PINCKNEY — The Pinckney football team did all it could in Friday’s playoff game against Livonia Churchill.
The Pirates held Churchill’s offense in check in the second half, allowing the Chargers only a field goal.
But the Chargers ended the Pirates season thanks to Martell Dooley, who blocked what would have been a game-tying extra point in the third quarter and chip-shot field goal attempt that would have won it for the Pirates late in the fourth quarter.
Churchill won 24-23 and advanced to the second round, where it will play Livonia Franklin next weekend.
“We were able to run the ball on them, and so many good things happen when you’re able to do that,” said first-year coach Rod Beaton, whose team finished 8-2. “But, in playoff football, you can go and look at three, four, five thing that honestly will dictate the outcome. And a couple of things didn’t go our way.”
One of them came on the opening kickoff, when Alex Wasyl fumbled the ball on the Pirates 20 and Churchill took advantage, scoring three plays later on a 1-yard plunge by Michael Parrish to make it 7-0.
But the Pirates came right back, moving 80 yards in 15 plays to tie it when Jack Wurzer scored on a quarterback sneak to tie it.
“That’s the thing I loved about this team,” center Jake Pavlicek said. “We scored on our first drive in every single game. It’s powerful. We can bond together. It’s strength.”
The Pirates took the lead on a 35-yard scoring pass from Wurzer to Nick Cain, only to see Churchill wrest the lead back on a 52-yard run by Avery Grenier and a 16-yard jaunt by Darrell Mason Jr.
Zack DeRoek kicked a 27-yard field goal just before halftime to cut the margin to 21-17.
Each team scored on three of its four possessions in the first half. In the second half, each team scored only once.
“We settled in,” Beaton said. “We had much better pursuit on the angles and the cuts. We put our (jersey) number on them and it showed.”
Churchill’s Drew Alsobrooks, who rushed for 96 yards, kicked a 32-yard field goal, then kicked the ball into the end zone for a touchback that put the Pirates back on their 20.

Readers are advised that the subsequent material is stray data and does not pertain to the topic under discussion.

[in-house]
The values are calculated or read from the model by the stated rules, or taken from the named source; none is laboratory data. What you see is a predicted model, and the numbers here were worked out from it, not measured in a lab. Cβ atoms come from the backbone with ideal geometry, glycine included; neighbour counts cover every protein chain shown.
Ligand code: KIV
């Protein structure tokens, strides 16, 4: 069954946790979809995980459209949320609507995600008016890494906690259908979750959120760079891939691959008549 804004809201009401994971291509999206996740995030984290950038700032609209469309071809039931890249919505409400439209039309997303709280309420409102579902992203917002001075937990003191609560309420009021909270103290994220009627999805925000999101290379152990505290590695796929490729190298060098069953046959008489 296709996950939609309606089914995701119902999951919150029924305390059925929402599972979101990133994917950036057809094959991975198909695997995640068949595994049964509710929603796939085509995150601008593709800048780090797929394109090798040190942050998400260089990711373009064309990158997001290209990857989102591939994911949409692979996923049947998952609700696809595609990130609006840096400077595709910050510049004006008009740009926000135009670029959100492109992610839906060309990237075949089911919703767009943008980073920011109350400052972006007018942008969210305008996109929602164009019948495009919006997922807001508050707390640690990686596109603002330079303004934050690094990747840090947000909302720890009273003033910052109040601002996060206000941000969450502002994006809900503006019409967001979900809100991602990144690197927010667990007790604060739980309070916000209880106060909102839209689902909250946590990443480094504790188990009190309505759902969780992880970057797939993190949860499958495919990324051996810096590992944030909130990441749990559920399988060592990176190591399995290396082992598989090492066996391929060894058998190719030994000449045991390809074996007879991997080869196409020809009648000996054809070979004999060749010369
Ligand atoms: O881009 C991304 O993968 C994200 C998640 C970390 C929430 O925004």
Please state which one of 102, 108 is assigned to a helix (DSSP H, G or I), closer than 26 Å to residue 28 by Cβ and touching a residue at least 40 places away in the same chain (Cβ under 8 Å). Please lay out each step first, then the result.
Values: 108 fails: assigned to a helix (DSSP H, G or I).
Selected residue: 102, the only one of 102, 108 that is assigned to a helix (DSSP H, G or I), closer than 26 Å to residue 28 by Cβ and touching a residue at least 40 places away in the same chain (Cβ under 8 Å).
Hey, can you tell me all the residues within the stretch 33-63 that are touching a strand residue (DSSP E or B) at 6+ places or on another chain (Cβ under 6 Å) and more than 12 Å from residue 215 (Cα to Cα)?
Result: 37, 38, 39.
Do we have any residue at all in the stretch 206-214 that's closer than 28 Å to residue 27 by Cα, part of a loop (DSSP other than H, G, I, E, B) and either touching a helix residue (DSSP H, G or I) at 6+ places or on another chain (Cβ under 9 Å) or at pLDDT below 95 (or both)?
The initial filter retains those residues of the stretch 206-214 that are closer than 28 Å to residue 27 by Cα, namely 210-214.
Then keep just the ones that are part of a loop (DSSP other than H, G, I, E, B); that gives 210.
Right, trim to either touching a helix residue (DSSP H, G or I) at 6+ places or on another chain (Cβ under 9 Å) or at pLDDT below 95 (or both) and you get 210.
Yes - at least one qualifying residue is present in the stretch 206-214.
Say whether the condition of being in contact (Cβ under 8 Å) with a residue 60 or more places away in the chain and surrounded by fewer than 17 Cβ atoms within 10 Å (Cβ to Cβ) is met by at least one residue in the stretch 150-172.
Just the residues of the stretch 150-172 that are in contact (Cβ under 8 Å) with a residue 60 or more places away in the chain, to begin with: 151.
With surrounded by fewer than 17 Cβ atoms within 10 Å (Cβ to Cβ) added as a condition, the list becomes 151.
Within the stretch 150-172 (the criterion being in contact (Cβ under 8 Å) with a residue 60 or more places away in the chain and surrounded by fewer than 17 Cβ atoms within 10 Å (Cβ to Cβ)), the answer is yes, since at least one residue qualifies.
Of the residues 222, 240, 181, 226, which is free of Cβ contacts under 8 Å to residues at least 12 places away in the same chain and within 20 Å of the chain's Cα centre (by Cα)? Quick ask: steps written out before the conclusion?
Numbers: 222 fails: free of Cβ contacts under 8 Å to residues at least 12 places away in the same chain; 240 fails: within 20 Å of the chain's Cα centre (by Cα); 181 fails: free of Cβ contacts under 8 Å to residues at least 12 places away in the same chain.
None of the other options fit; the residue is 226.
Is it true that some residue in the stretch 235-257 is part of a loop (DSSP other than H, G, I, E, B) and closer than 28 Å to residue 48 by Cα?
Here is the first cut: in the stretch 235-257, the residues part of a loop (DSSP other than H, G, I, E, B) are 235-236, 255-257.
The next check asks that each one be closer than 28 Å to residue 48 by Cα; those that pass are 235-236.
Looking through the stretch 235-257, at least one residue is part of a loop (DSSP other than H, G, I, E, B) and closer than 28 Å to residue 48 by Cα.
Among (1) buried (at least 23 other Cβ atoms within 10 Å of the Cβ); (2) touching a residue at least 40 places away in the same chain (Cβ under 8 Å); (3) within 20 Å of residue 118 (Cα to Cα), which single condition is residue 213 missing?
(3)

Levi Collins, who finished with 174 yards rushing, then went to work, ripping off gains of 13, 9, and 10 yards.
“They were over-pursuing a lot, and the cutback lane was there all day,” he said.
So, too, was Nick Cain, and when the Chargers started spending time looking at Collins, Wurzer threw a bomb to Cain for a touchdown that cut the score to 24-23.
“Jack threw a great ball, and I almost dropped it,” Cain said. “I was bobbling it a little bit.”
Uncertainty or no, Cain outran the defenders to the end zone. Dooley blocked the extra point, and the teams played to a stalemate the rest of the way.
The Pirates had one more drive in them. After a Churchill punt late in the fourth quarter, they moved the ball 86 yards and had the ball first and goal on the Churchill 5.
But the Churchill defense, which had allowed mover 250 yards to that point, stiffened. Collins lost three yards on the first play from scrimmage. Wurzer then gained 5 yards and 1 yard, putting the ball on the Churchill 2.
DeRoek came out for a 19-yard field goal attempt, but Dooley blocked that kick, too.
Churchill punted on its last drive, and Cain came through again, returning the ball to the Pinckney 43. A personal foul against Churchill put the ball on the Chargers’ 42 with 11 seconds remaining. Cain took a handoff and gained 9 yards, but the clock ran out before the Pirates could get another play off.
Afterward, through tears at times, the Pirates were thankful.
“These are my boys,” Pavlicek said. “Eight and two is a hell of a run. We could have gone farther, obviously, but these guys mean so much to me. It’s more than football. These guys are my brothers, for life.
“We’re going to be 40,” he added, laughing as the emotions crested. “We’ll sit around and talk about these moments. We love each other. These are my boys. This team is everything, especially Coach Beaton, being a head coach for the first time. We were able to bring a home playoff for him. We had a special bond, for sure.
“I still can’t believe it,” he concluded. “It doesn’t feel real. I feel like we’re going to go back out on Monday, strap on the pads and whatnot. It’s hard to picture.”
Cain, for his part, was determined to look forward.
“The coaches always talk about leaving a legacy,” he said, “and my legacy is: Don’t wonder why your;e out in 95-degree practice in the summer, don’t wonder why you’re doing workouts at 7 a.m., because this is the reason why. This game is the reason why. It’s just a couple plays went their way instead of ours, and that’s the final.”
Players, especially the senior, milled about on the field long afterward, tears sometimes giving way to smiles, sometimes appearing with smiles as they hugged loved ones and each other.
“The beauty of this is our kids cared so much,” Beaton said. “I’m happy and proud. I’m very proud to be their head coach. I’m happy for what they were able to do and I’m happy and proud for what they were able to establish for us going forward with the program.”